Since I got the Novoflex tripod adapter for the Leica 24-90mm lens I seem to be using that lens for more and more portrait work like this. And why not? The lens is amazing good and the only reservations I had were about its use in a vertical mode on a tripod. It's so heavy the lens and camera package starts to droop no matter how tightly I screw in the tripod screw. All that's over now that I have the tripod adapter! I'm so happy to be able to use the lens unfettered now. 

Speaking of: very, very happy, I'm thrilled when clients have state of the art coffee and espresso machines in abundance. At my client's offices coffee is encouraged, elevated to an art form, and one could maintain a vibrant caffeine buzz all day long. Easily. For no reason whatsoever one of the office managers swung by a favorite donut shop and bought gourmet donuts for the staff. There's a place in Austin called "The Salty Donut" and they make amazing (but way, way too sweet) donuts. At nearly $5 USD per donut they better be good and the quarter sample I tried was. Did they buy enough? Yes, they had a dozen left over at the end of the day. They asked if I wanted to take some home but I demurred. I need to be able to fit in my pants from day to day...

So, cappuccinos and donuts first thing. Then they catered in box lunches for everyone. Great sandwiches on artisanal bread. They also ordered a few Cobb salads in case anyone wanted to cut down on the gluten and eat more green stuff. For a photographer used to bringing along a lunch in a paper sack, or taking a lunch break out to fight the traffic and lines just to stave off hunger, this was starting to feel a bit... heavenly. 

Around 3:30 the HR staff started setting up a buffet line, a cooler full of exotic beers and a table with some sort of wine-based cocktails. The catering arrived and it was full scale Indian food from one of the city's favorite Indian restaurants. I asked "why?" and the staff smiled at my lack of worldly cultural knowledge and then informed me that it was for the Diwali celebration. The lobby got decorated with posters and twinkly lights and the party started ramping up around 4:00 pm. I guess there were 30 or 40 employees left in the offices by then and they had a wonderful time. I also got invited to come back for the monthly book club meeting. There will be prizes, lots of fun food and an open bar. Something tells me they are taking employee retention quite seriously. 

The offshoot was that everyone I photographed was happy to be there, engaged in the picture taking and very happy to see what we'd shot on the little screen each time we finished with someone's photo.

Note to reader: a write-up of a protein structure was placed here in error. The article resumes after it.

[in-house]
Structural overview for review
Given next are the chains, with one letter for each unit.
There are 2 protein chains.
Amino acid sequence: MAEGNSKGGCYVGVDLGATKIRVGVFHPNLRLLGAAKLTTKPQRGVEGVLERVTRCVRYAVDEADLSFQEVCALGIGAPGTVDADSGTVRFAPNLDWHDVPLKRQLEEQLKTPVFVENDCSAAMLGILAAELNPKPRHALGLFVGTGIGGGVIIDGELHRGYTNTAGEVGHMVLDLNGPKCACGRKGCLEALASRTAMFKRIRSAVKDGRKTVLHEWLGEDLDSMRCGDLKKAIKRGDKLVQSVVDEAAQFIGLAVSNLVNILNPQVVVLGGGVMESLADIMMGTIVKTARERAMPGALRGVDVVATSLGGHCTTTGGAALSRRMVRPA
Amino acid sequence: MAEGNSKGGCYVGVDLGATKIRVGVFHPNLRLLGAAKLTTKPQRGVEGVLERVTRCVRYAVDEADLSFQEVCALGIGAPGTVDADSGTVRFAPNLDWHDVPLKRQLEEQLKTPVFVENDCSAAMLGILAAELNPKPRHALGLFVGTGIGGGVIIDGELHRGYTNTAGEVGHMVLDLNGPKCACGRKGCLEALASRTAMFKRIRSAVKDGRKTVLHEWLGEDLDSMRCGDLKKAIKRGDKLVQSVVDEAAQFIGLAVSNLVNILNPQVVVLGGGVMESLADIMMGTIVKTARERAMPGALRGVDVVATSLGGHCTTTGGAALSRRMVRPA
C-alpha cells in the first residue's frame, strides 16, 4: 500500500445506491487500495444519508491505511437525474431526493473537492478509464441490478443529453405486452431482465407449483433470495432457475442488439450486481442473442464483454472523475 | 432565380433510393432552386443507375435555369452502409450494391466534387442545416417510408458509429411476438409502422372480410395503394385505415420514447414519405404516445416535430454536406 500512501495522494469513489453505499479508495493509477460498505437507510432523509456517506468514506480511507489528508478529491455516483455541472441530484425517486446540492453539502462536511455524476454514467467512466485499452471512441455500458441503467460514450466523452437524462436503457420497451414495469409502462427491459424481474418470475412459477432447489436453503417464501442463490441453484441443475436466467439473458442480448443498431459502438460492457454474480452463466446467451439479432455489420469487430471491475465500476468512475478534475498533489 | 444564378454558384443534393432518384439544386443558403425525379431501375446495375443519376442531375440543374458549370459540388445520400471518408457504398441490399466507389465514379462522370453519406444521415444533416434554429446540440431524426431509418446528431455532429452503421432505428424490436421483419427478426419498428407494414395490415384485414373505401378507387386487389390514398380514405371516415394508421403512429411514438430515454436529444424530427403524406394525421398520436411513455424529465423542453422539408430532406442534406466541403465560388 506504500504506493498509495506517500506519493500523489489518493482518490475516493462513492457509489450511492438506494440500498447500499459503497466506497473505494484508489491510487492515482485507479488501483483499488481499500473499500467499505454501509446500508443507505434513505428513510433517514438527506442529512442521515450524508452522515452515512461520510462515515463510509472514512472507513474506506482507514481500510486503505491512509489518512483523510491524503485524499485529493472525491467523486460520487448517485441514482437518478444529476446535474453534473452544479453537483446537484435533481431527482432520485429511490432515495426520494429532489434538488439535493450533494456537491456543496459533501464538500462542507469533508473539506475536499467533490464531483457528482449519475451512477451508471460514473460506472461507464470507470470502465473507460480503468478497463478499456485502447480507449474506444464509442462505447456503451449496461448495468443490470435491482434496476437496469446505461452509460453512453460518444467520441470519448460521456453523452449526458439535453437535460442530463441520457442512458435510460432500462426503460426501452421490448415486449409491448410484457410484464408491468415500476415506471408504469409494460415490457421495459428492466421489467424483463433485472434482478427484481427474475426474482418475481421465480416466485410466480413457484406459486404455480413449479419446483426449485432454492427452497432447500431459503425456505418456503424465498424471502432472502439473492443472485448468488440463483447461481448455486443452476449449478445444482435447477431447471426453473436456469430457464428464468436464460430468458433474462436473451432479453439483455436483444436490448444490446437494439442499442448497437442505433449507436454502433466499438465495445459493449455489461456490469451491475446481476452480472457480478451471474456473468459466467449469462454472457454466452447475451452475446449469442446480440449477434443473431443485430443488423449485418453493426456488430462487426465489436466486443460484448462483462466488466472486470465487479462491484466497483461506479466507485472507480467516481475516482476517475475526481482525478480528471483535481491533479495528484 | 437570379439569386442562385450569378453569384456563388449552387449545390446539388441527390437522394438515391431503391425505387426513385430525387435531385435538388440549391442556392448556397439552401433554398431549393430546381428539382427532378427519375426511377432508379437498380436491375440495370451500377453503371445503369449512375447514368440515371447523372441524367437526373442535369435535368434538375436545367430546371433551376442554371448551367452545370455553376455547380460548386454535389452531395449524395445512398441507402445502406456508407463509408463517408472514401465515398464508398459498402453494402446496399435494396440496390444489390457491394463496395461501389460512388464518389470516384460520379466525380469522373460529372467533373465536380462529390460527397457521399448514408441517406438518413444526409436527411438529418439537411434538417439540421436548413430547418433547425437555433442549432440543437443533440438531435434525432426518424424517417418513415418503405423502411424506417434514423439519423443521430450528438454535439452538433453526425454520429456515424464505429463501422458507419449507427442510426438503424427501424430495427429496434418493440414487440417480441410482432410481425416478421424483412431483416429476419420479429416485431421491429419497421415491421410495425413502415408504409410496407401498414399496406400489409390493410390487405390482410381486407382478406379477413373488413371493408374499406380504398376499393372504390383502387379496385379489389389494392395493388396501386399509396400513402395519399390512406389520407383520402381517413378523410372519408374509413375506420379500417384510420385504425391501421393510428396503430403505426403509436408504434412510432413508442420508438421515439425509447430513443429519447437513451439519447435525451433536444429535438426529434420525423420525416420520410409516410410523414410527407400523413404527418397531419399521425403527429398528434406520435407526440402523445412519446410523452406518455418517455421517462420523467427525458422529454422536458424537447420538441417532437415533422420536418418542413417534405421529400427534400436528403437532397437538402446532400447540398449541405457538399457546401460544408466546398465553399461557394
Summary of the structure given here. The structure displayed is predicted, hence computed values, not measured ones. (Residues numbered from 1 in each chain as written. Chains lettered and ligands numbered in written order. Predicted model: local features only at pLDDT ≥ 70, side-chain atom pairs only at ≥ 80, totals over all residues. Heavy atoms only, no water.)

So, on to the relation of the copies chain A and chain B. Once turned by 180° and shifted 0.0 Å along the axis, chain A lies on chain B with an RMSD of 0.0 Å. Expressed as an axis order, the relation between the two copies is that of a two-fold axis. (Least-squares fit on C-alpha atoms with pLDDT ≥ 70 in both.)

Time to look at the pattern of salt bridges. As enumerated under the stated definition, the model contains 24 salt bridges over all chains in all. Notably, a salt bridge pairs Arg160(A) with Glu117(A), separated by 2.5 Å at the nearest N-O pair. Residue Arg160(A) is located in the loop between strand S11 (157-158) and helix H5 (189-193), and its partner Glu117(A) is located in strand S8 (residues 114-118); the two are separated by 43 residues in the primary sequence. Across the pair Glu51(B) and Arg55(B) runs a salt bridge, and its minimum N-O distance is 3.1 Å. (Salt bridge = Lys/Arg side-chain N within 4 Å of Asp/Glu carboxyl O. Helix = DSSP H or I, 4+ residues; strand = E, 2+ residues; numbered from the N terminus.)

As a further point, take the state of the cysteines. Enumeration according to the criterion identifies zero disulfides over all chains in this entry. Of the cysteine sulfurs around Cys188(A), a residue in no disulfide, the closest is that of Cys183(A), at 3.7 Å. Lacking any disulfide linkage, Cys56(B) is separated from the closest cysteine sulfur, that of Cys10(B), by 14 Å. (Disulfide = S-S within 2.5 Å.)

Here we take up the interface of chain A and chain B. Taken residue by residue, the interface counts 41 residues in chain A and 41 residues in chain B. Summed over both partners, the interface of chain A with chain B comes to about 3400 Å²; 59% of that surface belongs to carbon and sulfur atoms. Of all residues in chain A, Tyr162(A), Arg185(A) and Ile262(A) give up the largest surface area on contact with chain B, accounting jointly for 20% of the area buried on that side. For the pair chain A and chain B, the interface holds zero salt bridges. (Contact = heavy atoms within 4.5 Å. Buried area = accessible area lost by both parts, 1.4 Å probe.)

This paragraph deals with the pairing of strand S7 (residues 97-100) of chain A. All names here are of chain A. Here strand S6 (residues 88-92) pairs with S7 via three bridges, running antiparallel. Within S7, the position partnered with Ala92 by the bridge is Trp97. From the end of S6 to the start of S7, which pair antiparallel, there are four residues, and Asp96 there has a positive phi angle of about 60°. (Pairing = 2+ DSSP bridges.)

For all the odd review crap on various camera review sites one might be amazed to hear that the Sigma fp is able to autofocus at all. In the real world where non-brand-ambassadors take off their advertising blinders to shoot, the Sigma nailed AF on all 750+ shots using face and eye detection throughout. Gee, I didn't think that was possible except ---- I knew it was. That's a benefit of actually using a camera for a couple years. You really find out what it can do.

I packed up my one rolling case and headed out of the company's parking garage hoping I got good stuff. I transferred everything to Lightroom Classic this morning and breathed a sigh of relief. Everything is usable and most of it is very good. With some global corrections here and there it could be great. I envision separating the people from the backgrounds with the powerful new selection tools in LR and doing color corrections to each part of each chosen frame separately. Doing this will also give me the opportunity to introduce a bit more blur if I decide to toss caution to the wind...

The Sigma fp shot through nearly 800 images over the course of the day and did so on only two batteries. The second battery still had about 20% charge remaining. But I ran out of subjects. 

This was my last shoot as a 66 year old photographer. 67 looks bright. This is a good way to end work this birthday month. 

Today has been a relaxed, get things done day. We're trying to wrap up casting for a medical device advertising campaign that's scheduled for the third week of November. We've got front-runners for the two talents our clients originally requested and now they are adding one more. It's always something. 

But I did take time to go to Torchy's this morning for a breakfast taco, to the bank for buckets of cash to spend on my trip, and then to the pool for the noon workout with coach Jane. Swam 3,000 yards before lunch. Now heading out with a camera to enjoy the cool weather and bright sun. Thanks!  KT